Huion KAMVAS 20 HD Screen Drawing Tablet & Pen
Last updated date: August 3, 2020
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We looked at the top Drawing Tablets and dug through the reviews from some of the most popular review sites. Through this analysis, we've determined the best Drawing Tablet you should buy.
This tablet's interactive display is reminiscent of Wacom's Cintiq tablet at a fraction of the price. It works flawlessly in multiple graphics and editing programs. The impressive screen size leaves plenty of room for your most inventive ideas. Though a little bulkier than the competition, being able to draw directly on the screen makes it worth the weight trade-off. In our analysis of 55 expert reviews, the Huion Huion KAMVAS HD Screen Drawing Tablet & Pen placed 10th when we looked at the top 15 products in the category. For the full ranking, see below.
Editor's Note August 3, 2020:
Checkout The Best Drawing Tablet for a detailed review of all the top drawing tablets.
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From The Manufacturer
IPS Screen with amazing color. GT-191 has a 19.5 inch display IPS LCD widescreen in perfect 16:9 ratio and 1920 x 1080 full HD display
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An Overview On Drawing Tablets
If you’re a fan of TV cartoons, anime shorts or feature-length animated films, you’re almost certainly watching art that was created on a digital tablet. Drawing tablets are quickly becoming a favorite tool for animators and graphic designers. FOX’s hit show, “Bob’s Burgers,” is animated entirely on drawing tablets, and more and more graphic design departments are turning to drawing tablets to save trees and share visual concepts with remote workers.
Drawing tablets digitize the process of drawing with a pencil and paper. You can sketch anything from architectural designs to new marketing logos to 30-minute cartoons on a drawing tablet. The tablet takes the place of a pad of paper, while a digital stylus captures your movements and places them on your computer screen.
So how do digital drawing tablets turn your stylus etchings into beautiful onscreen designs? It’s all thanks to electromagnetic induction technology. Horizontal and vertical wires beneath the tablet’s surface generate an electromagnetic signal, which transfers to the tablet’s stylus as you draw. The wires then flip into a receiving mode, reading the movements of your stylus and translating them to your computer’s graphic design program as you draw.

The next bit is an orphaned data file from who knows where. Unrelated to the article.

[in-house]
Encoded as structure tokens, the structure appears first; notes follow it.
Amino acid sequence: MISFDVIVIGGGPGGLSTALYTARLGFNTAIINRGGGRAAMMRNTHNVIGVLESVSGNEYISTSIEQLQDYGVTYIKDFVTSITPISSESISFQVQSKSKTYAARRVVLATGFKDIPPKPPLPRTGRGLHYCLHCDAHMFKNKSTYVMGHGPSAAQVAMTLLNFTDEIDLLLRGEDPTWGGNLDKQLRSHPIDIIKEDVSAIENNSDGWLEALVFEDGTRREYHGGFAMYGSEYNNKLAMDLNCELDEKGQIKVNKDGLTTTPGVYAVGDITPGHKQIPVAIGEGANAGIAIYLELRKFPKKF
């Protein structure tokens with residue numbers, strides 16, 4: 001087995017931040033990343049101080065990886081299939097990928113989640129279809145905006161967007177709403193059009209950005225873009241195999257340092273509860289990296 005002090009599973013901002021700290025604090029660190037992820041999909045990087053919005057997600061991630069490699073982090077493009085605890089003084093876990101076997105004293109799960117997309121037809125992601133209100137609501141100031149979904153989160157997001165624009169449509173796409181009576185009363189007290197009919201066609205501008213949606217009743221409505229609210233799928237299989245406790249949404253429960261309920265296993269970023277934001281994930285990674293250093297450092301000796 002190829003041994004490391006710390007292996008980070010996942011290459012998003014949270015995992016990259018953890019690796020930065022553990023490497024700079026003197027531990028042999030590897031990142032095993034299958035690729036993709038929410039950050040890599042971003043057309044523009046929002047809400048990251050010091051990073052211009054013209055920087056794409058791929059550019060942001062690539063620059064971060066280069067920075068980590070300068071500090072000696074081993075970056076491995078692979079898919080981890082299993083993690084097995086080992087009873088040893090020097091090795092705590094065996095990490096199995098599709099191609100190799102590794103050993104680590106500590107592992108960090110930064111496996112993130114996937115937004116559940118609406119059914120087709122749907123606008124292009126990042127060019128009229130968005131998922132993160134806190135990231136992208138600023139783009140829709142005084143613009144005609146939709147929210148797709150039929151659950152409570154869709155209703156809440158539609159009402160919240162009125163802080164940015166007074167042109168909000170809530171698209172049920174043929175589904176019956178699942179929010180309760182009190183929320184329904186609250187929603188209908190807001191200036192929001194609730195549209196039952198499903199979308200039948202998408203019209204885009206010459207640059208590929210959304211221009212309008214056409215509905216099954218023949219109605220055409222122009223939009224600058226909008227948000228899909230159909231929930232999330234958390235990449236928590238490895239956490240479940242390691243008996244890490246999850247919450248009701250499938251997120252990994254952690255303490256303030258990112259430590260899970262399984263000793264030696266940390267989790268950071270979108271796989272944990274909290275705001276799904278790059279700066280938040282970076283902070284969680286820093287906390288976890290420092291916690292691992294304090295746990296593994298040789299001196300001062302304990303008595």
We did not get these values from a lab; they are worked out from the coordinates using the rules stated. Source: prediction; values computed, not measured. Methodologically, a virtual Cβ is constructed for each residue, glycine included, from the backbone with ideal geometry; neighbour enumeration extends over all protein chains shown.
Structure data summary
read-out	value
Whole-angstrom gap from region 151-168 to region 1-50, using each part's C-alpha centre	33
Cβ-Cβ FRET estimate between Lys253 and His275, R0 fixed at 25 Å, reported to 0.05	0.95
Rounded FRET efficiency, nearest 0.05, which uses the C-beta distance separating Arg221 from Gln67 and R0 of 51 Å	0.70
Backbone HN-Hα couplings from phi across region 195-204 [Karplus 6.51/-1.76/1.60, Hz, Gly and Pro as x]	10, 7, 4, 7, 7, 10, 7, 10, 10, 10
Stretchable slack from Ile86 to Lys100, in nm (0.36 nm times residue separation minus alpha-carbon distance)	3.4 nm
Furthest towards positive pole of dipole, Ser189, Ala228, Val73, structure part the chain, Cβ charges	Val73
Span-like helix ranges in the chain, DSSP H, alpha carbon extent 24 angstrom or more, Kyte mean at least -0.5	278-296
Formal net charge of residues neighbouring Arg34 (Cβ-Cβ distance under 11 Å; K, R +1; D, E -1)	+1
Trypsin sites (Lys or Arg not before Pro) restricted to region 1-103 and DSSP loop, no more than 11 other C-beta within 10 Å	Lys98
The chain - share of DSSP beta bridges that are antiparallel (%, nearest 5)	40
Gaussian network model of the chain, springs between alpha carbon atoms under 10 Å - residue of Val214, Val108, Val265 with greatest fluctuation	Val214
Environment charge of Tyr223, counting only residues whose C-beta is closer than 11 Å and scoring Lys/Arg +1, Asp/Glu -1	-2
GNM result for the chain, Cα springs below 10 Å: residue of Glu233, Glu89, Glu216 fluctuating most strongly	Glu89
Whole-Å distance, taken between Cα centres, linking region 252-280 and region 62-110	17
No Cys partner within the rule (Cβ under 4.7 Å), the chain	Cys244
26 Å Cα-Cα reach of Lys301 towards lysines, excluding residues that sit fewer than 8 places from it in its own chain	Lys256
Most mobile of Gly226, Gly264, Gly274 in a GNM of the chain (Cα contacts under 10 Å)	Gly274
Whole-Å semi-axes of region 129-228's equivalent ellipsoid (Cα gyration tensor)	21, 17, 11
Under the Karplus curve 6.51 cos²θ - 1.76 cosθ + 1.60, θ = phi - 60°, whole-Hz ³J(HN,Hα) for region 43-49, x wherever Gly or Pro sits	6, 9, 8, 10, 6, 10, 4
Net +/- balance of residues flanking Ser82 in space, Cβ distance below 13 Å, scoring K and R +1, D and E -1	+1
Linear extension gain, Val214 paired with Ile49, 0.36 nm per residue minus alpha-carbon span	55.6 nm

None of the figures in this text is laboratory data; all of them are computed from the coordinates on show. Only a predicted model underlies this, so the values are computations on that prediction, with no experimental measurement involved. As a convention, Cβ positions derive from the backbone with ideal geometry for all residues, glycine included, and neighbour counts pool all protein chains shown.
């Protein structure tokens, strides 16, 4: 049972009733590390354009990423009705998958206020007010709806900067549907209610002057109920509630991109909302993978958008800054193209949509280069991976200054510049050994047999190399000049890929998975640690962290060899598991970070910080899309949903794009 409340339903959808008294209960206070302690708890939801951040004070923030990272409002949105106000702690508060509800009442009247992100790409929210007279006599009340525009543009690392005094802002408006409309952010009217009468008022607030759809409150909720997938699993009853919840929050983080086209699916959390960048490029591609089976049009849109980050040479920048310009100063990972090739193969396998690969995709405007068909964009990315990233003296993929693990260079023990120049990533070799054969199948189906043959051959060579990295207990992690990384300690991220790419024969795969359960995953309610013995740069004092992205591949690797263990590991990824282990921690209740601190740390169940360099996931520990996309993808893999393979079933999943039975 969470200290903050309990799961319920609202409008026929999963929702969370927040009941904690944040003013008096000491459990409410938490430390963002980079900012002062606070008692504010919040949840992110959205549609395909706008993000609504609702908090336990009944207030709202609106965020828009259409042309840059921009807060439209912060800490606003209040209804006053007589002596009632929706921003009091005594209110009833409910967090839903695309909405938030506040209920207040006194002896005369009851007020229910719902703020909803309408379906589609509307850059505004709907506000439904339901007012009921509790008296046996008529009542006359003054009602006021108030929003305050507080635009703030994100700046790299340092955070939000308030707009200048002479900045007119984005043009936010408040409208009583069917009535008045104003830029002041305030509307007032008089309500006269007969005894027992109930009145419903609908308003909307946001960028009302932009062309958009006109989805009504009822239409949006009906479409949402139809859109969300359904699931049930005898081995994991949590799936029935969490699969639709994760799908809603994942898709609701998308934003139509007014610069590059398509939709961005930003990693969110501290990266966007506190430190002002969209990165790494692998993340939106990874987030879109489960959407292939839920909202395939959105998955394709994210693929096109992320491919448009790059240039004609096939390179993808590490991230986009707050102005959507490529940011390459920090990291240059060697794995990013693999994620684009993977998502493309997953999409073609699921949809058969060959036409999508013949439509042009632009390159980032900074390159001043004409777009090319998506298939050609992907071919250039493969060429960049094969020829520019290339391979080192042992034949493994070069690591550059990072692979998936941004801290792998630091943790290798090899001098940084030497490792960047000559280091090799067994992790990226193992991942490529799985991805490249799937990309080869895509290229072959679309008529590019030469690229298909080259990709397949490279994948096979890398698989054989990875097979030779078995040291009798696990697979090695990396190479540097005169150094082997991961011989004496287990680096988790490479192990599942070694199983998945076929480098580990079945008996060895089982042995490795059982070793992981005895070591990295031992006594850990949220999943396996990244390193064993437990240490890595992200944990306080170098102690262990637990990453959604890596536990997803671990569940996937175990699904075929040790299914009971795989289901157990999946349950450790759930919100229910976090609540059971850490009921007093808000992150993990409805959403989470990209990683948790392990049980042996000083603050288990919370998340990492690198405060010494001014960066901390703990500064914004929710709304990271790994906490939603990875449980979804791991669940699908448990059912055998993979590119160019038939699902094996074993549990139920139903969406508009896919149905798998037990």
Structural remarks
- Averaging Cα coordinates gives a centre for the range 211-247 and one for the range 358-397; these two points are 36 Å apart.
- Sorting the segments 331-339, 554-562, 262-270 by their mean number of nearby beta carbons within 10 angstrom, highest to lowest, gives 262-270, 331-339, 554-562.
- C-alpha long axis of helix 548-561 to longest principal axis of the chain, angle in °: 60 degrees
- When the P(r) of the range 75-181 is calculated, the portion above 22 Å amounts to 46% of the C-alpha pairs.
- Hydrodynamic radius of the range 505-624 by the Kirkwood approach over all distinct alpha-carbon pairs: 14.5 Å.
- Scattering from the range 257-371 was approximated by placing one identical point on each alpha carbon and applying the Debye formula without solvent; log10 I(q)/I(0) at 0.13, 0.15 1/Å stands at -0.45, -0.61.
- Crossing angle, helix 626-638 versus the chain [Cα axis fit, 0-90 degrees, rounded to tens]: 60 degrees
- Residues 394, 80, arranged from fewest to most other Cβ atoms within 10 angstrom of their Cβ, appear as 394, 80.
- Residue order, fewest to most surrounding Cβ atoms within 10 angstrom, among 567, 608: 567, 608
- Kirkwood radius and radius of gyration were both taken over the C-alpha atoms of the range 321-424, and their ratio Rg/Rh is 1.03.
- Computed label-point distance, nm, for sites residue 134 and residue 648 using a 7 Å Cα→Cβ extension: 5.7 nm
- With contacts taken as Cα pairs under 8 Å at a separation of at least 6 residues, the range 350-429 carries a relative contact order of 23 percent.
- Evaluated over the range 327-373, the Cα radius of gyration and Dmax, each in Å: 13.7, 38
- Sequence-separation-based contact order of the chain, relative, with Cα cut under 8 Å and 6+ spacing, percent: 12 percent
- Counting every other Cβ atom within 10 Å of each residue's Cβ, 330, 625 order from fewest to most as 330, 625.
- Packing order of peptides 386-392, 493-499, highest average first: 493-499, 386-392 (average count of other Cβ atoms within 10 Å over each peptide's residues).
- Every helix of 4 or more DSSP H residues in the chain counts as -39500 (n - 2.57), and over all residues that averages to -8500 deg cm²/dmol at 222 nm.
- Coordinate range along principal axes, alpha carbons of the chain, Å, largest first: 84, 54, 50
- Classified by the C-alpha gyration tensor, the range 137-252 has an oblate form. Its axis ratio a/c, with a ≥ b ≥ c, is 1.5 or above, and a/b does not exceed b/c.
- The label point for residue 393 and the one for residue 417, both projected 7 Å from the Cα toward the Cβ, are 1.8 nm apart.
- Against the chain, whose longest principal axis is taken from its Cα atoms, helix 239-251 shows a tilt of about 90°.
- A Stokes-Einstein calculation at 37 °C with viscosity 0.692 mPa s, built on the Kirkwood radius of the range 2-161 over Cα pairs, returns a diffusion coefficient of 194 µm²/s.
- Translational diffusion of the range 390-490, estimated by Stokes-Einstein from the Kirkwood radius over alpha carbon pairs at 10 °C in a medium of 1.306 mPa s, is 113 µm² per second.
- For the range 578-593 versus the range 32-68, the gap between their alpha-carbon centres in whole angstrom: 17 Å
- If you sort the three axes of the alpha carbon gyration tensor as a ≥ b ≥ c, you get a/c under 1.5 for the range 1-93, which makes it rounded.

High-end models let you draw directly on their screens for a precise view of your own creation. Budget-friendly options transmit the movements of your stylus to your computer’s screen through compatible design software.
The electromagnetic induction technology also allows some tablets to power your stylus as you draw. Other models rely on a USB cable to recharge your pen.
Your tablet can also sense changes in pressure from the stylus and adjust line widths and darkness accordingly. Some models have advanced sensitivity and detail options, which detect subtle nuances in pressure and stylus position for a drawing experience that closely mimics pen-to-paper techniques.
Whether you’re a seasoned artist who needs a tablet for work or a dedicated hobbyist who wants to bring a tech edge to your designs, you’re going to have to do some comparison shopping to find the best tablet for you. Check out our tips, advice and recommendations for the best tablets on the web.
DWYM Fun Fact
Koalas are more than just adorable wildlife — they were also the spokesanimal for the world’s first home computer graphic tablet. The KoalaPad was created in 1983. It was originally designed as an affordable computer drawing tool for schools, and it came bundled with the KoalaPainter program. However, the device quickly became popular with home users, and it worked with Apple II, Commodore 64 and Atari 8-bit computers.
KoalaPainter could hold two pictures in its memory (an impressive feat for an early ’80s program), allowing the user to compare images or copy and paste photos. It also featured an early version of today’s ubiquitous “Undo” command, called “Oops.”
The Drawing Tablet Buying Guide
- The first question you’ll want to ask yourself before buying a tablet is: What are you going to use it for? Professional cartoonists and anyone who creates their own art from scratch will benefit from feature-rich models. If you’re going to break out your tablet for hobby drawing or minor photo touch-ups, a choice like the Simbans PicassoTab IPS Drawing Tablet & Stylus Pen is more appropriate. It’ll save you several hundred dollars on features you wouldn’t use anyway, and the tablet surface and stylus are just as reliable as pricier models.
- As for the size tablet you’ll need for your work, most artists prefer larger tablets with a 13.3-inch screen. However, if you’re working on smaller projects or need a tablet that you can easily pack up and travel with, a compact option, like a model that has a 7.9 x 3.6-inch surface, is best.
- Virtually all drawing tablets on the market work on both Mac and PCs, but some of them function a little smoother on certain software programs. Some models are equipped with multiple creative software programs, such as Corel Painter Essentials 6, Corel Aftershot 3 and Clip Studio Paint Pro, but you’ll have to buy graphics software for most other options. It is important to note that while some models are compatible with an array of programs, they work best when paired with the most recent versions available.
- Every tablet comes with a stylus, but additional items can help you create your best work yet. Look for a drawing tablet that comes with a pen stand, a carrying bag and a specially designed drawing glove that prevents sweat from damaging your tablet or marring your creations.